Mercury exposure has been associated with a wide variety of negative reproductive responses in birds, however few studies have examined the potential for chick impairment via the hypothalamic-pituitary-adrenal (HPA) axis. The HPA axis regulates corticosterone levels during periods of stress. We examined the relationship between baseline fecal corticosterone metabolite concentrations and mercury concentrations in down feathers of recently hatched (feathers (decreasing by 45% across the range of observed mercury concentrations) while accounting for stronger positive correlations between corticosterone concentrations and colony nest abundance and date. These results indicate that chronic mercury exposure may suppress baseline corticosterone concentrations in tern chicks and suggests that a juvenile bird's ability to respond to stress may be reduced via the downregulation of the HPA axis.

  18. Decomposition for emission baseline setting in China's electricity sector

    International Nuclear Information System (INIS)

    Steenhof, Paul A.

    2007-01-01

    Decomposition analysis is used to generate carbon dioxide emission baselines in China's electricity sector to the year 2020. This is undertaken from the vantage point of the final consumer of electricity, and therefore considers factors influencing electricity demand, efficiency of generation, sources of energy used for generation purposes, and the effectiveness of transmission and distribution. It is found that since 1980, gains in efficiency of generation have been the most important factor affecting change in the emission intensity of electricity generated. Based upon known energy and economic policy, efficiency gains will continue to contribute to reductions in the emission intensity of electricity generated, however, fuel shifts to natural gas and increases in nuclear generation will further these trends into the future. The analysis confirms other sources in the literature that decomposition is an appropriate technique available for baseline construction, thereby suitable for the emerging carbon market and its related mechanisms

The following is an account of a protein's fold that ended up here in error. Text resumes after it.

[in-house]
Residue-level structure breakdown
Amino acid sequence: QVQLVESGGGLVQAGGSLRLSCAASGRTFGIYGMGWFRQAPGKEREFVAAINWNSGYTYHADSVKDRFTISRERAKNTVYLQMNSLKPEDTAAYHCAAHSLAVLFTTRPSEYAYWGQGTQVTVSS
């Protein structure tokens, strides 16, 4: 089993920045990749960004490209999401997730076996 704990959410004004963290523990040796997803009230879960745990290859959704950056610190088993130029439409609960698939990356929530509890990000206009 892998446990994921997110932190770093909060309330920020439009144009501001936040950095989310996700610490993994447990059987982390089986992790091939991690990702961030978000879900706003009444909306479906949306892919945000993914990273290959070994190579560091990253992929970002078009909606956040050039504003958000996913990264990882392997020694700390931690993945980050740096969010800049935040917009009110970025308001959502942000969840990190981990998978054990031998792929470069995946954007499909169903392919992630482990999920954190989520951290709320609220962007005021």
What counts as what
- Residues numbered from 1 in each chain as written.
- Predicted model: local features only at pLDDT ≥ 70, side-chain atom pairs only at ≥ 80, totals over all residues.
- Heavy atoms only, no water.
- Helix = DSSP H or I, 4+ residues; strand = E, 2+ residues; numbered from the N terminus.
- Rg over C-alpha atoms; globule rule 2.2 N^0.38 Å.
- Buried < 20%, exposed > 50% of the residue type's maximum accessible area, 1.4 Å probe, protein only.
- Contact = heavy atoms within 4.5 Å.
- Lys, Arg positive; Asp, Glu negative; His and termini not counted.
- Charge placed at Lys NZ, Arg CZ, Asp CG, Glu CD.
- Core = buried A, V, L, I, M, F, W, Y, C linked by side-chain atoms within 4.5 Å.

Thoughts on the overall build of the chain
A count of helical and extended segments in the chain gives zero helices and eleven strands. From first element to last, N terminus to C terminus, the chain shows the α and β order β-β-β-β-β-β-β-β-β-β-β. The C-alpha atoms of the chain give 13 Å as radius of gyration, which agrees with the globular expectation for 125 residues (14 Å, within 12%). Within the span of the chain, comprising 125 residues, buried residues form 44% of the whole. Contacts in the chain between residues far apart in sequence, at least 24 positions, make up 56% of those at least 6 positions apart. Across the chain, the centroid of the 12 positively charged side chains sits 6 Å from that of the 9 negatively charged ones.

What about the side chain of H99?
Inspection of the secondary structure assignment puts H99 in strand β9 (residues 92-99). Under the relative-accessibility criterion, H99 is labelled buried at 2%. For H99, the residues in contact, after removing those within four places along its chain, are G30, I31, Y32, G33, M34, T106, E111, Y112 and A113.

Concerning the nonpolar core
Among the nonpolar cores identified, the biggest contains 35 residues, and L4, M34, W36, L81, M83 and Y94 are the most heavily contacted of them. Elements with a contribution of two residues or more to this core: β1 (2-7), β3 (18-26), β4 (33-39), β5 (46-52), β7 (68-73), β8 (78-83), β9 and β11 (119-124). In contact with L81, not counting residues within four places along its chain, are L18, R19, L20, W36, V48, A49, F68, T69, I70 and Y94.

19. Baseline ecological risk assessment Salmon Site, Lamar County, Mississippi

    Energy Technology Data Exchange (ETDEWEB)

    NONE

    1995-04-01